'Fantastic Beasts': J.K. Rowling nails it again
Two films this month have restored my faith that it's actually possible to make obscenely expensive, special-effects-stuffed blockbusters that are actually good.
Both are lead by unconventional British actors who would look more at home at a library (or comic-book store) than on Muscle Beach.
The first, of course is Doctor Strange, the Marvel box-office marvel led by lanky Sherlock smartypants Benedict Cumberbatch.
As enjoyable as it is, that superhero picture is surpassed in every way by Fantastic Beasts and Where to Find Them, an enchanting new entry in the J.K. Rowling cinematic universe starring equally lanky Eddie Redmayne.
For one thing, Fantastic Beasts actually has a story.
There's even an honest-to-goodness subtext.
It had better be good: Fantastic Beasts, which follows eight profitable Harry Potter films, was made for a reported budget of $225 million.
Scripted by Rowling and directed by David Yates, who helmed the final four Harry Potter films, Fantastic Beasts is a spin-off inspired by one of Harry's textbooks, an idiosyncratic guide to magical animals purportedly written by one Newt Scamander.
The film is an origin story of sorts, explaining how the talented globetrotting wizard came to write his book.
And how was that?
By coming to America, of course.
Set during the 1920s, Fantastic Beasts opens with Newt's arrival in New York. The Oscar-winning Redmayne plays him to perfection as an awkward, maladroit young wizard who is far more comfortable around animals than people.
Expelled from Hogwarts, he has been a social outcast who travels the globe in search of magical creatures, which he captures and keeps in his suitcase – an awesome magical device that encloses a massive nature preserve.
For the most part, Newt has been left alone.
That changes when some of his pets escape the case.
Yates and Rowling, whose film is propelled by a potent mix of CGI and lyrical romanticism, have buckets of fun with these magical beings. It's clear they delight in their creations.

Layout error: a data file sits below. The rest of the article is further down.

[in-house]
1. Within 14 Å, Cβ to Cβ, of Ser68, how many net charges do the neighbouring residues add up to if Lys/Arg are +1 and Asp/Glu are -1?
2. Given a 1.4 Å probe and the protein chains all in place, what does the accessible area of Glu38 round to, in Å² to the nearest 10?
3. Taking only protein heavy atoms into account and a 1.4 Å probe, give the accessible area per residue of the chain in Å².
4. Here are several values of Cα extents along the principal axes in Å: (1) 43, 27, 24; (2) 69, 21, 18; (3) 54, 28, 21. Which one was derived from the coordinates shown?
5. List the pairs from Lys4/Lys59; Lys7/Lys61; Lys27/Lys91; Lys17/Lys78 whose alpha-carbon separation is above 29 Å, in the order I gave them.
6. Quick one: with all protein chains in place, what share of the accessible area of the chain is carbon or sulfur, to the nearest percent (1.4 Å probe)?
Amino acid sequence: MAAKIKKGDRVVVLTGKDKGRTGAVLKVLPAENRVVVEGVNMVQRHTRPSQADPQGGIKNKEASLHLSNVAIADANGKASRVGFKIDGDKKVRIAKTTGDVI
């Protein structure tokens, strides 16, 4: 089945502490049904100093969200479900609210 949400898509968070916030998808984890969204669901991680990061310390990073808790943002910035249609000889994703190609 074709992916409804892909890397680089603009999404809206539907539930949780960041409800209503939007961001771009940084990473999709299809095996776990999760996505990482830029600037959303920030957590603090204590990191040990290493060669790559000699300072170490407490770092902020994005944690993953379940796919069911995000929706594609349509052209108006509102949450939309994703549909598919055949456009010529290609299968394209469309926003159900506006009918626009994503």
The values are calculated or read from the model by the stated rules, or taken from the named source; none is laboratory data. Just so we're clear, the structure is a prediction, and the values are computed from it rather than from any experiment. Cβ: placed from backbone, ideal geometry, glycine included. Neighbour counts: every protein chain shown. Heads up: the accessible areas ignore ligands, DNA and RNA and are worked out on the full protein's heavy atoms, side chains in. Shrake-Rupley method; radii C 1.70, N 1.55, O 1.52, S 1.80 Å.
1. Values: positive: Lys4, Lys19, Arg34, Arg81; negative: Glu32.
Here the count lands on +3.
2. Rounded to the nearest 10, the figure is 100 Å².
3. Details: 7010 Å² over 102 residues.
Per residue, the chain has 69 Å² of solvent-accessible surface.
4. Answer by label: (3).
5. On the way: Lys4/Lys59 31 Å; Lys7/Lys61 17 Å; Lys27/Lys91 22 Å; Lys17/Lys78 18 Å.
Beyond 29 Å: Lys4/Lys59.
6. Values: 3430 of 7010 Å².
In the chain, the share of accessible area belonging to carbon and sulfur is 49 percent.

One of Newt's pals is a small, cute, and furry platypuslike dude that is fascinated by things that shine. A terrific early scene in a bank has it darting around stealing coins, rings, necklaces, and pocket watches.
Another beast, a tiny green stick insect that lives in Newt's jacket pocket, can pick locks and comes in handy when Newt gets stuck in the bank's vault.
Fantastic Beasts has two parallel story lines. In the first, Newt chases down his escaped beasts with help of a motley crew: a working class no-maj (the American word for a Muggle), wonderfully portrayed by Dan Fogler (Barely Lethal), and two comely female wizards, Porpentina "Tina" Goldstein (Katherine Waterston) and her sister Queenie (Alison Sudol).
The three actors are part of a marvelous ensemble cast that also includes Colin Farrell, Jon Voight, Samantha Morton, Carmen Ejogo, and Johnny Depp.
The second, darker story is about a series of deadly attacks by an evil magical entity that have all but shut down New York.
Newt is sucked into the struggle when he's arrested by security officers from the Magical Congress of the United States of America (MACUSA) as the wizard responsible for the terror attacks.
His crime, we find out, comes with the death penalty.
Terror attacks? Security forces? The death penalty?
For better or worse, Fantastic Beasts has a whopper of a subtext, a blanket critique of American society that continuously rises up from every nook and cranny of the story.
Rowling paints a disturbing, even ugly, picture of America as a violent cauldron of repression and xenophobia ruled by paranoia and fear. It's the era of Prohibition, and people are beset on all sides by self-appointed guardians of morality and patriotism.
This may be a period piece, Rowling suggests, but it's really about life in the age of the war on terror, the war on illegal immigration, the war on drugs – and, at least as Rowling sees it, the war on the poor. The New York we see here is controlled by malevolent robber barons and greedy, narcissistic politicians.
Yates and Rowling skillfully weave their bleak – and blunt-edged – message into the fabric of the story. It might be wildly out of place in a fantasy aimed at tweens, but it's a welcome change from the usual vapid blockbuster.